This book introduces you to a method of student-centred, collaborative learning called Literature Circles. Literature Circles have the immediate goals of developing independent, reflective and critical thinking, and increasing student understanding and enjoyment of literature. The ultimate goal of this method is enabling students to become life-long readers and, as a result, life-long learners.
The lesson plans in this book are grouped around five themes or basic questions, with the sample works explored in them chosen accordingly:
- Who are your real friends? (Kate DiCamillo, Because of Winn-Dixie and Jay Neugeboren, \"Luther\")
- When do you need family most? (John Updike, \"Separating\" and Lorraine Hansberry, A Raisin in the Sun)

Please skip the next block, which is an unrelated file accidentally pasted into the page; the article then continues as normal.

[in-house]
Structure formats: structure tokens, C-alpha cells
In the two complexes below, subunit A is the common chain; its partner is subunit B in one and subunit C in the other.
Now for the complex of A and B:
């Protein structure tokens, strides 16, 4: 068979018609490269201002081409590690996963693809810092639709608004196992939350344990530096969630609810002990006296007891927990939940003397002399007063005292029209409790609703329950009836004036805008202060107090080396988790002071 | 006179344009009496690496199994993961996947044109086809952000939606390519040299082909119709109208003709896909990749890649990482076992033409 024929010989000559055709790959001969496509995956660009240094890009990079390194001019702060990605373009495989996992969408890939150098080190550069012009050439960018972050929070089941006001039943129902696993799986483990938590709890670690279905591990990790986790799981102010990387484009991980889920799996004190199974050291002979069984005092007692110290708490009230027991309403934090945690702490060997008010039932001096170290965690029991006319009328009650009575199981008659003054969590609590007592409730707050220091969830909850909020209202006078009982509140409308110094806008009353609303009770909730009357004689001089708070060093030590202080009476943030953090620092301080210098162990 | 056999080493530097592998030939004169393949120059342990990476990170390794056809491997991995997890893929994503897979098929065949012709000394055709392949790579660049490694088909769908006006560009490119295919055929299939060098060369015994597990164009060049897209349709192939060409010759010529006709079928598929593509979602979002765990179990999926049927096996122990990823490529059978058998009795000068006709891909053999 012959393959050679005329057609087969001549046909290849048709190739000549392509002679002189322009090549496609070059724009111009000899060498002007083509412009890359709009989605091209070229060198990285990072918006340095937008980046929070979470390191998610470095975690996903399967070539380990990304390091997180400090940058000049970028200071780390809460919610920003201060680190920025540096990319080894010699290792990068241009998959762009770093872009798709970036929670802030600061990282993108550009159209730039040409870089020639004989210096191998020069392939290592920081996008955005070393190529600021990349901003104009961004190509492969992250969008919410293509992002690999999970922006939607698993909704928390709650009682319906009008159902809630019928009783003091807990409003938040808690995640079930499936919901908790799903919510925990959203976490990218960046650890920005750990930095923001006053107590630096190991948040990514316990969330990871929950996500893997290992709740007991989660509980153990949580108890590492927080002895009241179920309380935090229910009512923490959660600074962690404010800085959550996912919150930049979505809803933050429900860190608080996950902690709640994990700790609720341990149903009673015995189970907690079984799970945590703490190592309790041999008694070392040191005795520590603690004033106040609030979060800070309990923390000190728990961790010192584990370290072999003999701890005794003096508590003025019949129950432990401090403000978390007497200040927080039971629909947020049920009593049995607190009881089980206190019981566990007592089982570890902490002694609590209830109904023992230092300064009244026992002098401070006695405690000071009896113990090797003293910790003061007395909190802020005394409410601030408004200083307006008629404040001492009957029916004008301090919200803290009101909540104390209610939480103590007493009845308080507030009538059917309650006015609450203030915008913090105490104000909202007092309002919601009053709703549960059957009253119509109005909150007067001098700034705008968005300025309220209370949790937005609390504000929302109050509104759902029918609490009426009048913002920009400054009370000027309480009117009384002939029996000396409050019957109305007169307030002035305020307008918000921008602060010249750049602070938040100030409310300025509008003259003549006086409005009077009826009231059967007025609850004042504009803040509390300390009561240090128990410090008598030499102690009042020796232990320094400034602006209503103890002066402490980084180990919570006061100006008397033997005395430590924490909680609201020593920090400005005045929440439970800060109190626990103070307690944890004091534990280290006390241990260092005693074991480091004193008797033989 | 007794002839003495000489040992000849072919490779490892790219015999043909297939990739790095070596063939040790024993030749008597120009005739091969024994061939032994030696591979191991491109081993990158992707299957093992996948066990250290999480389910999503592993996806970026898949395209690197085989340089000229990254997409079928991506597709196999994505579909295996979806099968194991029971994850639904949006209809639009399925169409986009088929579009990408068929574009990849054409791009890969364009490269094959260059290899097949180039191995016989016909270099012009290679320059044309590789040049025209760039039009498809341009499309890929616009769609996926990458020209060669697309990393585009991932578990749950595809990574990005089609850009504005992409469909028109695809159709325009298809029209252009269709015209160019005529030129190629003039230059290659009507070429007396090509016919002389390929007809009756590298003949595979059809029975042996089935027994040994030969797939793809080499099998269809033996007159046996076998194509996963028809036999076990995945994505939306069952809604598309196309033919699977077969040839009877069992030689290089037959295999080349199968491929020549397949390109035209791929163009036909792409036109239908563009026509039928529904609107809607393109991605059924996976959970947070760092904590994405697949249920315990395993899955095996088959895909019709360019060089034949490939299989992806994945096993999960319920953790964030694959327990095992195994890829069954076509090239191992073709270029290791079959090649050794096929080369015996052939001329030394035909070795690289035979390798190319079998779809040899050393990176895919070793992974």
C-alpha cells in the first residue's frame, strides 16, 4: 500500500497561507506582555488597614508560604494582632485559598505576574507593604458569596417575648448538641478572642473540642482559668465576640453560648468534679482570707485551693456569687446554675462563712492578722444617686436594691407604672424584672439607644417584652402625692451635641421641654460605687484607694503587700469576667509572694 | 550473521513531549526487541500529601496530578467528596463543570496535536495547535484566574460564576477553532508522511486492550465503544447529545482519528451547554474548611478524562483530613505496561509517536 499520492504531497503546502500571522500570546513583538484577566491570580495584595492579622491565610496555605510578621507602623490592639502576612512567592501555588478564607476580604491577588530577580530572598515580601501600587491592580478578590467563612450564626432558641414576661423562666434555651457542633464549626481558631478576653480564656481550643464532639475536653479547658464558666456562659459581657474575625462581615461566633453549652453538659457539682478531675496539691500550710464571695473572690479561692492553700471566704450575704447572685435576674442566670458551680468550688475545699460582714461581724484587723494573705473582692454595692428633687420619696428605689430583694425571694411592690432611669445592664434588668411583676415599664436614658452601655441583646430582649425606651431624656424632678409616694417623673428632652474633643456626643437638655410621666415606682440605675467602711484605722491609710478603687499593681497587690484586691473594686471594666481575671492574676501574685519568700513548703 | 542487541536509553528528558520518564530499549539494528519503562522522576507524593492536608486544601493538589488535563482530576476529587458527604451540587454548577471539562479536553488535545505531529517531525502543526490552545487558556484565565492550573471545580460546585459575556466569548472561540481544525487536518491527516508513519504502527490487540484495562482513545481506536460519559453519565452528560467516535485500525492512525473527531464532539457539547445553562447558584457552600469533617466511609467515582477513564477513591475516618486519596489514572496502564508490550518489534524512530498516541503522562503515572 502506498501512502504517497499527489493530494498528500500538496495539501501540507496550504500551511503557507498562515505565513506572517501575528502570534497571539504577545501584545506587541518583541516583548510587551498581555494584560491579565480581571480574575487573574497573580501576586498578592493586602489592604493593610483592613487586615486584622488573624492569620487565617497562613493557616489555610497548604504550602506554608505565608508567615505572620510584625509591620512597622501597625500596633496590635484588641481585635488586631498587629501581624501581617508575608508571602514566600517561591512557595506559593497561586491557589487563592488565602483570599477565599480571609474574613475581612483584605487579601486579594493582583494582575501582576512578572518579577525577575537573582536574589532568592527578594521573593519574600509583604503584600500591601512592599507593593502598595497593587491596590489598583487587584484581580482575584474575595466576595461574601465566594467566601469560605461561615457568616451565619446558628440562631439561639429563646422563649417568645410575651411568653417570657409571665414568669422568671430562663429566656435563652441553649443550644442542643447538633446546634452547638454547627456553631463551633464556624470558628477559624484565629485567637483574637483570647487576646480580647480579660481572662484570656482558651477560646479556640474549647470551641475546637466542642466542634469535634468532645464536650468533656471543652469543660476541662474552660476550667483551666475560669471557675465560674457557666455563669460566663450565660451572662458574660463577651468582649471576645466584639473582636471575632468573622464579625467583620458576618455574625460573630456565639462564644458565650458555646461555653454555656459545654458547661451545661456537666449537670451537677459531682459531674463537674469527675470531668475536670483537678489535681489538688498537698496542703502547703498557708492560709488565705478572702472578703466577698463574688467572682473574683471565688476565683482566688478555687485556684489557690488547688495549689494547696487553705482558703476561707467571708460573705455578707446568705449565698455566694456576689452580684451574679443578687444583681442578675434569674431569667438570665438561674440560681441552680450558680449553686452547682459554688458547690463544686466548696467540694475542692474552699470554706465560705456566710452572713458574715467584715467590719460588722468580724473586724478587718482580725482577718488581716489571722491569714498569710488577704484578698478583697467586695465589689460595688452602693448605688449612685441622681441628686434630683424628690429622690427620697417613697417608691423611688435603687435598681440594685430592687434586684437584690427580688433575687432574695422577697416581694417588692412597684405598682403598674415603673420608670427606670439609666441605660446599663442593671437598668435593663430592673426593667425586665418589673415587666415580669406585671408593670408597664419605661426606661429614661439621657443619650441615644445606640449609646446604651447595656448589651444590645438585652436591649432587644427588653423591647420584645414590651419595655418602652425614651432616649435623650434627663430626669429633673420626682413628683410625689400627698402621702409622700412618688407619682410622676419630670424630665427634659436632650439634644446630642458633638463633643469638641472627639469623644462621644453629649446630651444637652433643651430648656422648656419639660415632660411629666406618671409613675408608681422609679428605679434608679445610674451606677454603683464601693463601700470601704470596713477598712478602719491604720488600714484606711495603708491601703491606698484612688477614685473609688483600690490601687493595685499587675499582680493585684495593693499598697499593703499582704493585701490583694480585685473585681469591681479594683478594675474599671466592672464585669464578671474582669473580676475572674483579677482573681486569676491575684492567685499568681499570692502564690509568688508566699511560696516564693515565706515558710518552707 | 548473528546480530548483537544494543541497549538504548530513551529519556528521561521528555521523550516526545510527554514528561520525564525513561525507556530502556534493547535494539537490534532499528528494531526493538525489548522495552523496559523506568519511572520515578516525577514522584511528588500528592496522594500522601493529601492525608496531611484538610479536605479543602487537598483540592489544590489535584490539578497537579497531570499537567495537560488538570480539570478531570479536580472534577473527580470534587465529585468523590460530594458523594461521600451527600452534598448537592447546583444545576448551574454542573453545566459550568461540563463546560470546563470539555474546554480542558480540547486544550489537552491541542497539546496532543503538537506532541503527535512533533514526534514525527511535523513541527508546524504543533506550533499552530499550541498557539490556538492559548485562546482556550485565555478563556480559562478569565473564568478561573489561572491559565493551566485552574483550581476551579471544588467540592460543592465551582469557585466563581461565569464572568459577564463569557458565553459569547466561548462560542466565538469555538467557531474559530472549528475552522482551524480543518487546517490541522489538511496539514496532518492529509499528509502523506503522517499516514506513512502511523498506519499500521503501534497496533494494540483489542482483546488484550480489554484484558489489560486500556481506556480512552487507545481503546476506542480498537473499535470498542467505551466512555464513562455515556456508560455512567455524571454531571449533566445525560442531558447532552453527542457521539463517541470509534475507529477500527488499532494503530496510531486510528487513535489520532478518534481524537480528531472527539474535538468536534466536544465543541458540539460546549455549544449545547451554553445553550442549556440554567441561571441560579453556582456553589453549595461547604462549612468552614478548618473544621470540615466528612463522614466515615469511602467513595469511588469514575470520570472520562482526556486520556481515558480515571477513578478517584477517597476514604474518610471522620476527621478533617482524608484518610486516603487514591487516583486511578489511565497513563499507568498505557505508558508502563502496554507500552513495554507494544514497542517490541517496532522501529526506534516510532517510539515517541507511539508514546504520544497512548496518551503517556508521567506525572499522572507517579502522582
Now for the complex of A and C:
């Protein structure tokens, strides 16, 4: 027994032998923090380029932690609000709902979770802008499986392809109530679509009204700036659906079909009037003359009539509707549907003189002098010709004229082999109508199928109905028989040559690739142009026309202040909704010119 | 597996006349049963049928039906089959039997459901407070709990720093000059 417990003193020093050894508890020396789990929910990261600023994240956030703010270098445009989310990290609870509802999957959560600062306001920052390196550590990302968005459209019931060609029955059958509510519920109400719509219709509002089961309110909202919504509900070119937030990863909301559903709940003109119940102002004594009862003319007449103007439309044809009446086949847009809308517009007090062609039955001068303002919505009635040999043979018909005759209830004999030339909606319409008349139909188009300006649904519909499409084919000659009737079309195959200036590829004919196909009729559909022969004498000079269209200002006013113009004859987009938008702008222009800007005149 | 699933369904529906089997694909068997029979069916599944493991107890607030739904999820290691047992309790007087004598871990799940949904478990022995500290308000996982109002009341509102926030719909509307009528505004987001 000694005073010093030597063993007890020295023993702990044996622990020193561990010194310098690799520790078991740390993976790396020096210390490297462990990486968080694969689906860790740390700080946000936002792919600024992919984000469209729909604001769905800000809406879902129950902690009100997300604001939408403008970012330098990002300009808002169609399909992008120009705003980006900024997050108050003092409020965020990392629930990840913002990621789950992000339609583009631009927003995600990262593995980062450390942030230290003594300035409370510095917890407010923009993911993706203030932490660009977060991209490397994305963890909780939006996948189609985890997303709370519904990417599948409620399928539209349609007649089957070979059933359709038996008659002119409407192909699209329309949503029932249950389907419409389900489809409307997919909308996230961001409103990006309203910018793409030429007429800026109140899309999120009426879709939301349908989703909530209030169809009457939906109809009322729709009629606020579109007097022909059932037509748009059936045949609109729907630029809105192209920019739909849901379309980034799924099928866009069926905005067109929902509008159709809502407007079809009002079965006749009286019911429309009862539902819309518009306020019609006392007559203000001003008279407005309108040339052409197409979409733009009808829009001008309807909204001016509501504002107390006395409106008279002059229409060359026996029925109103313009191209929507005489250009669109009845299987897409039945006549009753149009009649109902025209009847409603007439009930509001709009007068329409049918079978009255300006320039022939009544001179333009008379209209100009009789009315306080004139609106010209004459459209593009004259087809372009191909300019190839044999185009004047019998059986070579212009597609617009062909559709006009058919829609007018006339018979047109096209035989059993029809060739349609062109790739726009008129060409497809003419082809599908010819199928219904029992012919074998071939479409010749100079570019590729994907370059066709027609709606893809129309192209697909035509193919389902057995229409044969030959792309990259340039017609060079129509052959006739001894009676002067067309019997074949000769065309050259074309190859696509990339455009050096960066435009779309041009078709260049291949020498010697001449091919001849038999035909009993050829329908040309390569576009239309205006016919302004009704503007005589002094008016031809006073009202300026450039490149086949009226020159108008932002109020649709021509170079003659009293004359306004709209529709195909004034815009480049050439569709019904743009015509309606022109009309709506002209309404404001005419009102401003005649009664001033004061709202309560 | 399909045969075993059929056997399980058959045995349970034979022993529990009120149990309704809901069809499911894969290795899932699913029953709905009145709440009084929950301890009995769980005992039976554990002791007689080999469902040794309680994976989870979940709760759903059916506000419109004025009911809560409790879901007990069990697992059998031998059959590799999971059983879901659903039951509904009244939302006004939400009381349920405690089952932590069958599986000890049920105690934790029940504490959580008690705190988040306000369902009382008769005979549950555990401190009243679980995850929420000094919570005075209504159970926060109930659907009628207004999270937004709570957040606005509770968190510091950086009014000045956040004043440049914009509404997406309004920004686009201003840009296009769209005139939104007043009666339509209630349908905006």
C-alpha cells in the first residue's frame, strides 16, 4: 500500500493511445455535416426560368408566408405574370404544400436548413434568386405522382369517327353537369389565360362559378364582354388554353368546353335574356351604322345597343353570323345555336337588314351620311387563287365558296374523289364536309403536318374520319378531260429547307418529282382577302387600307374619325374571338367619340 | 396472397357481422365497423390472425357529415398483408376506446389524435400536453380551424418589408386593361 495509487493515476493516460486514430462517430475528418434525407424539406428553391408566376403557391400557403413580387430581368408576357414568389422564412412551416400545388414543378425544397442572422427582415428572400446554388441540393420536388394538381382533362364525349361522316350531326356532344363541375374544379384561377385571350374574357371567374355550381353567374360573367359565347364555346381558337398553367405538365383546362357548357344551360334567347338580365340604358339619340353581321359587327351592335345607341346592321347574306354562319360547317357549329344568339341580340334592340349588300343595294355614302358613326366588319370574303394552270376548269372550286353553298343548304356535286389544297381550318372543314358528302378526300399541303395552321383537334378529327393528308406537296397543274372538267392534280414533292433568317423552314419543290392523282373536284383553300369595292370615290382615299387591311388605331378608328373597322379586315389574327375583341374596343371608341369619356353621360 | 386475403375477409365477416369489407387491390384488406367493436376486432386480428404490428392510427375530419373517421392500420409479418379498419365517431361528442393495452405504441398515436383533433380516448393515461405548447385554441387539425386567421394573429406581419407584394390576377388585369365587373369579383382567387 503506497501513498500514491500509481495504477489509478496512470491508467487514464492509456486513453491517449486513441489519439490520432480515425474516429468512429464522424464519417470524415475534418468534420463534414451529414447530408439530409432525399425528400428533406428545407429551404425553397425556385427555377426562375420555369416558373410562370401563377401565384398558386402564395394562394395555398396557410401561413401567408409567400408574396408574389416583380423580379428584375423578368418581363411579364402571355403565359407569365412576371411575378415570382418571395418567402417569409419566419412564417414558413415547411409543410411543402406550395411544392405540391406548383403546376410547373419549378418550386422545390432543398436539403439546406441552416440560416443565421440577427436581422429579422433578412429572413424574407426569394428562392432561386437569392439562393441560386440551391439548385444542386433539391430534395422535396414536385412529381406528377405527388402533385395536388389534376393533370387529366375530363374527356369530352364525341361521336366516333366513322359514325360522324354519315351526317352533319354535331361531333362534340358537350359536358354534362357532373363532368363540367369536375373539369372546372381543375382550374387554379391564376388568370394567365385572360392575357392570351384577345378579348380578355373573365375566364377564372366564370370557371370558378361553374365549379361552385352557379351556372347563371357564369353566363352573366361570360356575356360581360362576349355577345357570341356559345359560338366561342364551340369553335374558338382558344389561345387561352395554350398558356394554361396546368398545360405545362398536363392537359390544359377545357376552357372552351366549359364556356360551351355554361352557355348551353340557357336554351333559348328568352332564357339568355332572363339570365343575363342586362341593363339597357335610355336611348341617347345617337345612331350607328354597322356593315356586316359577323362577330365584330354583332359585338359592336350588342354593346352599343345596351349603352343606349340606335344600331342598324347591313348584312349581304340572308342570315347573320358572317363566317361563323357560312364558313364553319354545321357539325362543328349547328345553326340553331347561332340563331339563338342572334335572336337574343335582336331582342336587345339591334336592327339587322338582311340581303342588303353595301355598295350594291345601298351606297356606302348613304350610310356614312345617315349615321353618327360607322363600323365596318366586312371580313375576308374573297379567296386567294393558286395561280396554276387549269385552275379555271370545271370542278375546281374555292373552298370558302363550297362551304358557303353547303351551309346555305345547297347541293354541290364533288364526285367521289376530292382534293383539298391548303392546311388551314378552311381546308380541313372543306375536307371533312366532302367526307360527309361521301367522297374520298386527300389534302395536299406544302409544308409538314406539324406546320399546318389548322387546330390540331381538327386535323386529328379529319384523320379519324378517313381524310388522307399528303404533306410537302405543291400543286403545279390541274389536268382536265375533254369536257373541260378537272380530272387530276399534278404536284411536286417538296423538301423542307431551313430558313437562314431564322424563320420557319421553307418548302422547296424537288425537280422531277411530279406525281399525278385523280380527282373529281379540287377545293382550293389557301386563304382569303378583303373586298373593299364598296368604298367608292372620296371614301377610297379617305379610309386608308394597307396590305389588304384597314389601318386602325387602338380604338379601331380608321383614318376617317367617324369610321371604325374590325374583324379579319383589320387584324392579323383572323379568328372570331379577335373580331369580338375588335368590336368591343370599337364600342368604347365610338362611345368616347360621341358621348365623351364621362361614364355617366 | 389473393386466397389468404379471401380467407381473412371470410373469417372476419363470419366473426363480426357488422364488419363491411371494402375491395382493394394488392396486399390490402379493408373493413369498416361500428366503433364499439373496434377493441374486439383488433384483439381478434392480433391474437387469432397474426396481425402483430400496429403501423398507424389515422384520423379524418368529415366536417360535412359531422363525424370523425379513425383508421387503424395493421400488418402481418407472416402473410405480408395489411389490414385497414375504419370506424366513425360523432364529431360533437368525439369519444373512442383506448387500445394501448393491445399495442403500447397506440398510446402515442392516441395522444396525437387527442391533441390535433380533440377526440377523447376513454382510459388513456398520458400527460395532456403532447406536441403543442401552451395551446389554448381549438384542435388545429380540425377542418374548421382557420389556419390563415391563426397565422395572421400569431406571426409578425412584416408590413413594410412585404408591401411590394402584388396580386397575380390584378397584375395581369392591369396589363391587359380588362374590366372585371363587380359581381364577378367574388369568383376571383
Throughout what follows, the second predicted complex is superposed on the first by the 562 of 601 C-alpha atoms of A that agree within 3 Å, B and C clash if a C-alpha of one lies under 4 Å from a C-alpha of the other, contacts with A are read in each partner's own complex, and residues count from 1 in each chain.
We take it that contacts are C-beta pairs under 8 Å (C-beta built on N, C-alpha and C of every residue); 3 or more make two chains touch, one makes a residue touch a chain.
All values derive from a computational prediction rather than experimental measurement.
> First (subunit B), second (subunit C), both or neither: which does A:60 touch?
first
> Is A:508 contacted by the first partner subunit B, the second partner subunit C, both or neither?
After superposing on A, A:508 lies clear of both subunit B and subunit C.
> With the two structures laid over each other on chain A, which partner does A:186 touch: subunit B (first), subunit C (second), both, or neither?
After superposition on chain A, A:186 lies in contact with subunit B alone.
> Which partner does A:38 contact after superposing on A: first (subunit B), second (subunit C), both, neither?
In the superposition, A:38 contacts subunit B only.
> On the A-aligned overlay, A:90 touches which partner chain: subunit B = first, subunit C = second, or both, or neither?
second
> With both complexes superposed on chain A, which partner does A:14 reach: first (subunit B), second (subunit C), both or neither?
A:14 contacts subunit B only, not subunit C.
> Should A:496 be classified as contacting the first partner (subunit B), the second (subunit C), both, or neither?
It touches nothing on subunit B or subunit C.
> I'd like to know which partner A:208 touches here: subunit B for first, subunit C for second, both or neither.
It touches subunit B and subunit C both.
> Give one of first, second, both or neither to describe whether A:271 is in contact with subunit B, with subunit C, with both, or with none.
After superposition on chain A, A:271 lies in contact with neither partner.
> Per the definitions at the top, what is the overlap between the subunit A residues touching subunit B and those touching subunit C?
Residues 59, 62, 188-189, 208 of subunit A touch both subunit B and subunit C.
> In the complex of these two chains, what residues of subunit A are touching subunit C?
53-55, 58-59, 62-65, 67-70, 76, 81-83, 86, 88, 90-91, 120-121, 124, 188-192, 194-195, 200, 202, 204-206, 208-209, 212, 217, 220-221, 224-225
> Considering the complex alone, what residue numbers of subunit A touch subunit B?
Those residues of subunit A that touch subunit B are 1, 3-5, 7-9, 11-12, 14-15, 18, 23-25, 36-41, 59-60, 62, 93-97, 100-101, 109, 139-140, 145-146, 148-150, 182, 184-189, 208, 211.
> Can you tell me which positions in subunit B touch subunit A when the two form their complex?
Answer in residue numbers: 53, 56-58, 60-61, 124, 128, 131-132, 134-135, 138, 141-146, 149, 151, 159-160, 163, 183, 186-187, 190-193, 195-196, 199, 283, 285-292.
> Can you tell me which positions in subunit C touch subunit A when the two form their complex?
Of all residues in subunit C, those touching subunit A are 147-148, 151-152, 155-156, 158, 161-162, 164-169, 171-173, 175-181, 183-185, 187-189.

- How important is a brother, a sister or a girlfriend in your life? (Carson McCullers, \"Sucker\", Jean Stafford, \"Bad Characters\", William Faulkner, \"Two Soldiers\" and Leo Tolstoy, \"The Two Brothers\")
- How do true leaders inspire followers while false leaders deceive theirs? (George Orwell, Animal Farm and C. S. Lewis, The Lion, The Witch and the Wardrobe)
- Is technology as much a curse as a blessing? (Isaac Asimov, \"Robbie\" and Ray Bradbury, \"The Veldt\")
Everything in this book is based on the assumption that students, not teachers, are the primary agents in learning. The corollary is that authentic learning is active learning. The process of using Literature Circles to engage students with texts, once learned on the works covered in this book, can be broadened to work with any texts in any English curriculum. The consequence is that students become responsible for their own learning, better readers and, in the end, better learners.